At the age of eight I received as a gift a little book with Indian folk tales: The Story of Prince Sobur. At that time I fell in love with Indian stories and with the drawings that accompanied them and conveyed the splendor of the Indian world. Later, as any young person- I think - I went through the stage of Eastern spirituality. Years passed by, and unfortunately this fascinating world of contrasts and extremes began to be presented in bad taste. All the sensitivity, sense, and all the beauty seemed to be pushed aside, making room for the shrill and the vulgar. So, for me, The Third Daughter had to face the challenge of Bollywood (the name itself sounds so awkward). Fortunately, The Third Daughter has nothing to do with the bad taste.
Although the author’s major focus was on the details of the characters' attire, she was able to shape a fairy image of the Indian world and to create the necessary atmosphere for the story. But what clothes!! It was so easy to imagine them ... and to crave for them ... or for the jewelry ... Now do not think that there are no other details or that we will read a brief overview of the events. Everything is described in such a way, that you can see the story unfold before your eyes. A love story and not just that. A story in which are harmoniously entwined: the self-discovery and the true love, the coup d’Etat or sabre thrusts, the fantastic and the real, the things you can control and the ones that are controlling you, offered or desired kisses, the despair and broken hearts and hope. The pace is sustained: something is always happening, always a “special” line is served, something is always prepared to happen and you won’t feel how the focus will switch between the romantic and the adventurous side of the story. I think that the steampunk hardcore fans, especially those who are looking for the special contrivances and devices, will be satisfied, albeit the author does not go into too much technical detail. The steampunk elements are the heart of the story, but not the soul.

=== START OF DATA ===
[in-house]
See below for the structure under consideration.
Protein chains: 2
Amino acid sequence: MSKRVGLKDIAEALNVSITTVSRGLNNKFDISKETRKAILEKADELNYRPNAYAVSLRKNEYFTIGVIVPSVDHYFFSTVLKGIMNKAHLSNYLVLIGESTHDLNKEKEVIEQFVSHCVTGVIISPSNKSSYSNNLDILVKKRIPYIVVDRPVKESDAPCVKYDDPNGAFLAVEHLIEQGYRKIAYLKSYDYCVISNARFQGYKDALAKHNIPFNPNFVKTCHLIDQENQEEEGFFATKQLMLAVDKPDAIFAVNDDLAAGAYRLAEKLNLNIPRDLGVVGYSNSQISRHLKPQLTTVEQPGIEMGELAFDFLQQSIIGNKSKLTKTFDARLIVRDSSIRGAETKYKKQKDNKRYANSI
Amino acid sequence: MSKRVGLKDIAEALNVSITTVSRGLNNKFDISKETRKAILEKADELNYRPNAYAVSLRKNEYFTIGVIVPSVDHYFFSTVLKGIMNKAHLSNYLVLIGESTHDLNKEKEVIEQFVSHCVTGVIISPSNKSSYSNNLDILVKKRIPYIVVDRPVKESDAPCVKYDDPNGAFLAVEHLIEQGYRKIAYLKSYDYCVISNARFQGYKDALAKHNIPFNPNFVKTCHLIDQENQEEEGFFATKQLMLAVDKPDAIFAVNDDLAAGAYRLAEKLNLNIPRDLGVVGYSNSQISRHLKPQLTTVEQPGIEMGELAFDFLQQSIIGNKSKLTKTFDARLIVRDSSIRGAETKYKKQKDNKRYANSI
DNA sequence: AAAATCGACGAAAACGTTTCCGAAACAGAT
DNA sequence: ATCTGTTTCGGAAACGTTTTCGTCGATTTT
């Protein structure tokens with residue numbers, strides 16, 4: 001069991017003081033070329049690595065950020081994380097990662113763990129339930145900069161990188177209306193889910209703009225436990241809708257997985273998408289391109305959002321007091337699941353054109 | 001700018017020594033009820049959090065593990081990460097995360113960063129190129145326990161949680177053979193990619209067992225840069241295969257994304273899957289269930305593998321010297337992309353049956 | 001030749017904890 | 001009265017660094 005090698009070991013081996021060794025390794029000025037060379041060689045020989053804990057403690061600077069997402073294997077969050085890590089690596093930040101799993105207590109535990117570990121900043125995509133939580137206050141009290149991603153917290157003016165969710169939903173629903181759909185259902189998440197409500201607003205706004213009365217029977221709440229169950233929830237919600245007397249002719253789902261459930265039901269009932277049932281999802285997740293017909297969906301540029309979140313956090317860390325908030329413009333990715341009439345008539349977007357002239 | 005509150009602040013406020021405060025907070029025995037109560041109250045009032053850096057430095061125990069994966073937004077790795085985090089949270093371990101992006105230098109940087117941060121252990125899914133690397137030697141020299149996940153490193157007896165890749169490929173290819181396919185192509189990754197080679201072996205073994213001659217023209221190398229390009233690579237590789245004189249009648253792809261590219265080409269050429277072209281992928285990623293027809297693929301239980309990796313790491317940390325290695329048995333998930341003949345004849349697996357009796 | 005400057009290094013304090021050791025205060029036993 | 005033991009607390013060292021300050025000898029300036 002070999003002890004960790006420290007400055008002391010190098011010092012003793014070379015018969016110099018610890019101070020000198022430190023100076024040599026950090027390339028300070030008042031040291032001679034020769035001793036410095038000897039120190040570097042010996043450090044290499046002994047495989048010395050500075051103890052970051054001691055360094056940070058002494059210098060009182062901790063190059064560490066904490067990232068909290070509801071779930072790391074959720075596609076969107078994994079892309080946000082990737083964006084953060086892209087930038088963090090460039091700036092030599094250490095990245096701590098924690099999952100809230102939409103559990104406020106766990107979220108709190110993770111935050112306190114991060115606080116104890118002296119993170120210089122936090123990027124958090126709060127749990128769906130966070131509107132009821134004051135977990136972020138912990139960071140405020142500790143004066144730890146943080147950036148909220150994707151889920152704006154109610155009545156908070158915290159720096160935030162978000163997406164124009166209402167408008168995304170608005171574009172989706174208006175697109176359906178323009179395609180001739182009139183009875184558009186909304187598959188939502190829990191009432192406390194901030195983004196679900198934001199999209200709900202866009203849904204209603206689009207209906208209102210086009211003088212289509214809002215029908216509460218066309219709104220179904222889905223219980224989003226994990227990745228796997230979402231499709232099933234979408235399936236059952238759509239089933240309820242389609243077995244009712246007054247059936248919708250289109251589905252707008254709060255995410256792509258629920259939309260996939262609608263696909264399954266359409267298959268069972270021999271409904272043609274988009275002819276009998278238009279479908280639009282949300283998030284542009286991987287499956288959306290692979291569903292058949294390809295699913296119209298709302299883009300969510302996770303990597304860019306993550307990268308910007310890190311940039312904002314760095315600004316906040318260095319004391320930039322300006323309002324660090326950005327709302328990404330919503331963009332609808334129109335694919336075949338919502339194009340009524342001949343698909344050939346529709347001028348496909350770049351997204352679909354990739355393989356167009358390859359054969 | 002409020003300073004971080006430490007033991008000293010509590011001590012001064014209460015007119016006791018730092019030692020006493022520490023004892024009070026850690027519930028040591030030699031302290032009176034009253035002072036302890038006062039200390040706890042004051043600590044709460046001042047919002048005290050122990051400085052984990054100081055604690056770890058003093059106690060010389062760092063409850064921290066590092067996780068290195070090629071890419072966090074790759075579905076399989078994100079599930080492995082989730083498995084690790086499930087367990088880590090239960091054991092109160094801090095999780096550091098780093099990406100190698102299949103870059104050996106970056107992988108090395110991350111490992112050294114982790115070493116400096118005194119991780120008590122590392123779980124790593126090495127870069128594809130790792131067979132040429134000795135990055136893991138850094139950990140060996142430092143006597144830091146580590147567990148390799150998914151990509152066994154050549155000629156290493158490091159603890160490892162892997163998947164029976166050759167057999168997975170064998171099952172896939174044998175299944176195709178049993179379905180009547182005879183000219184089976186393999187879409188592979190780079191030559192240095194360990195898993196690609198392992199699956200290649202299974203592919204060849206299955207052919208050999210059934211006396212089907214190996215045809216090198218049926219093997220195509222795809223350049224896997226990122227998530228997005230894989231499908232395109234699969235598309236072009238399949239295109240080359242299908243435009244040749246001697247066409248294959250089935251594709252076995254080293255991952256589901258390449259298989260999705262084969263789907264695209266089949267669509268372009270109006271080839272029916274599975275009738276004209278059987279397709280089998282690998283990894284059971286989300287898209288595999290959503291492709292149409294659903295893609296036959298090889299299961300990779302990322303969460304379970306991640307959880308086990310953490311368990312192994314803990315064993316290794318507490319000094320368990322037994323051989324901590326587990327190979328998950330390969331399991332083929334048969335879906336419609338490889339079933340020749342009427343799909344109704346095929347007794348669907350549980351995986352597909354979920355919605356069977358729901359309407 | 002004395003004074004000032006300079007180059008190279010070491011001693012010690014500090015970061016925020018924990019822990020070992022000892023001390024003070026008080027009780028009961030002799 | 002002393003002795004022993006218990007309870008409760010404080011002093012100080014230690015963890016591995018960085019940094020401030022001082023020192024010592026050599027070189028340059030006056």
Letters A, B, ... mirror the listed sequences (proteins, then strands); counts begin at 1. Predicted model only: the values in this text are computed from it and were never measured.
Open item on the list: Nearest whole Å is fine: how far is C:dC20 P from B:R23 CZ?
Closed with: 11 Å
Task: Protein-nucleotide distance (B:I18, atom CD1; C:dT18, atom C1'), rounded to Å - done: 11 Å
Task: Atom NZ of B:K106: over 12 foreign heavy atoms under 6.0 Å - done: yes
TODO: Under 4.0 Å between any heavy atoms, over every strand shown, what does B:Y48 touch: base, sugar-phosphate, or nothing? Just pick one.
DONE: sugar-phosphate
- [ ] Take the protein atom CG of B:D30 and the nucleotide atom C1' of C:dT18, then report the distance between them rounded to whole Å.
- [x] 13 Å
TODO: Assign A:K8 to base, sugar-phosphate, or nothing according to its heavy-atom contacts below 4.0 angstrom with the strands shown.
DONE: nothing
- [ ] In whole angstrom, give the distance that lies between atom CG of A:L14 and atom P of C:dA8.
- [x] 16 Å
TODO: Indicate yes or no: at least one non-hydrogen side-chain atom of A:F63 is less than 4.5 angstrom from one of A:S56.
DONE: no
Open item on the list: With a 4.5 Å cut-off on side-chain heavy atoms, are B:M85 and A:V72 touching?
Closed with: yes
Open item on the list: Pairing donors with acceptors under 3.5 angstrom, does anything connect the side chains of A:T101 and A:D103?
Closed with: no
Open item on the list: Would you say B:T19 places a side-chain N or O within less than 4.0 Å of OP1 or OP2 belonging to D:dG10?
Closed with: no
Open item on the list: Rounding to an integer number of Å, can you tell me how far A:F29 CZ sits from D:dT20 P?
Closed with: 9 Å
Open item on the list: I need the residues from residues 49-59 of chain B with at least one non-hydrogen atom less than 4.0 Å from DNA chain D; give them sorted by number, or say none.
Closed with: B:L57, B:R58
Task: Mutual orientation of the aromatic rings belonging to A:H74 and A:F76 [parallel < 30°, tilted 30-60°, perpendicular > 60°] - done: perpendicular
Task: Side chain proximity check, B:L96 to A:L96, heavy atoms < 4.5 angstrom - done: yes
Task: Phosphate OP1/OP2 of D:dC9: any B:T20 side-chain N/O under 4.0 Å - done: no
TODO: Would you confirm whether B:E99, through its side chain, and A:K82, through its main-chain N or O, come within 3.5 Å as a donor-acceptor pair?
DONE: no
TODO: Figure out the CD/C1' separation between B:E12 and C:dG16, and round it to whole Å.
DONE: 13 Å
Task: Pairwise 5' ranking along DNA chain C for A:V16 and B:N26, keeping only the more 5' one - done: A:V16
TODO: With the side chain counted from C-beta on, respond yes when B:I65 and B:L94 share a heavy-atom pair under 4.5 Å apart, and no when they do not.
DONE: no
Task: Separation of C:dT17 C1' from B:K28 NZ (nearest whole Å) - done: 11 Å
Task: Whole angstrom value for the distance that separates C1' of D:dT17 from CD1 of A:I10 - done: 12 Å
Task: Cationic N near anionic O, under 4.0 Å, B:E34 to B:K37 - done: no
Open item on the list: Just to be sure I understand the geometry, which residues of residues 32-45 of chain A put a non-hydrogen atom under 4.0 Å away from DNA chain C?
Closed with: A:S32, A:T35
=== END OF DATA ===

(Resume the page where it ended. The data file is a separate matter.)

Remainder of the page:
Regarding the characters, they are well built. I could put myself into Aniri’s place, I understood her fears and desires, I felt her pain. Even the slightly naivety that evanescence over time, never disappearing completely, is credible but not annoying, and gives flavor to the tale. The other characters are not neglected even if Aniri is the main character. Each has something to offer or to hide. As always, I chose from the beginning my "favorites" and I must admit that sometimes the author gave me “emotions”; she managed to creep doubts and to leave open annoying little doors for various possible scenarios.
In the end I can say that The Third Daughter gave me a state of wellness, made me fondly remember about the childhood tales and I think that many of you will like the story too.
PS: While preparing this post, I saw the subject of the following two volumes of the trilogy. I can only say that I wish that the author would turn it into a tetralogy so that there could be a book for Janak and Q. Read the book and see why!
Book Description and Excerpt
Author Susan Kaye Quinn Susan Kaye Quinn is the author of the bestselling Mindjack Trilogy, which is young adult science fiction. The Dharian Affairs trilogy is her excuse to dress up in corsets and fight with swords. She also has a dark-and-gritty SF serial called The Debt Collector and a middle grade fantasy called Faery Swap. It's possible she's easily distracted. She always has more speculative fiction fun in the works.
You can find out what she's up to by subscribing to her newsletter (hint: new subscribers get a free short story!) or by stopping by her blog (www.susankayequinn.com).
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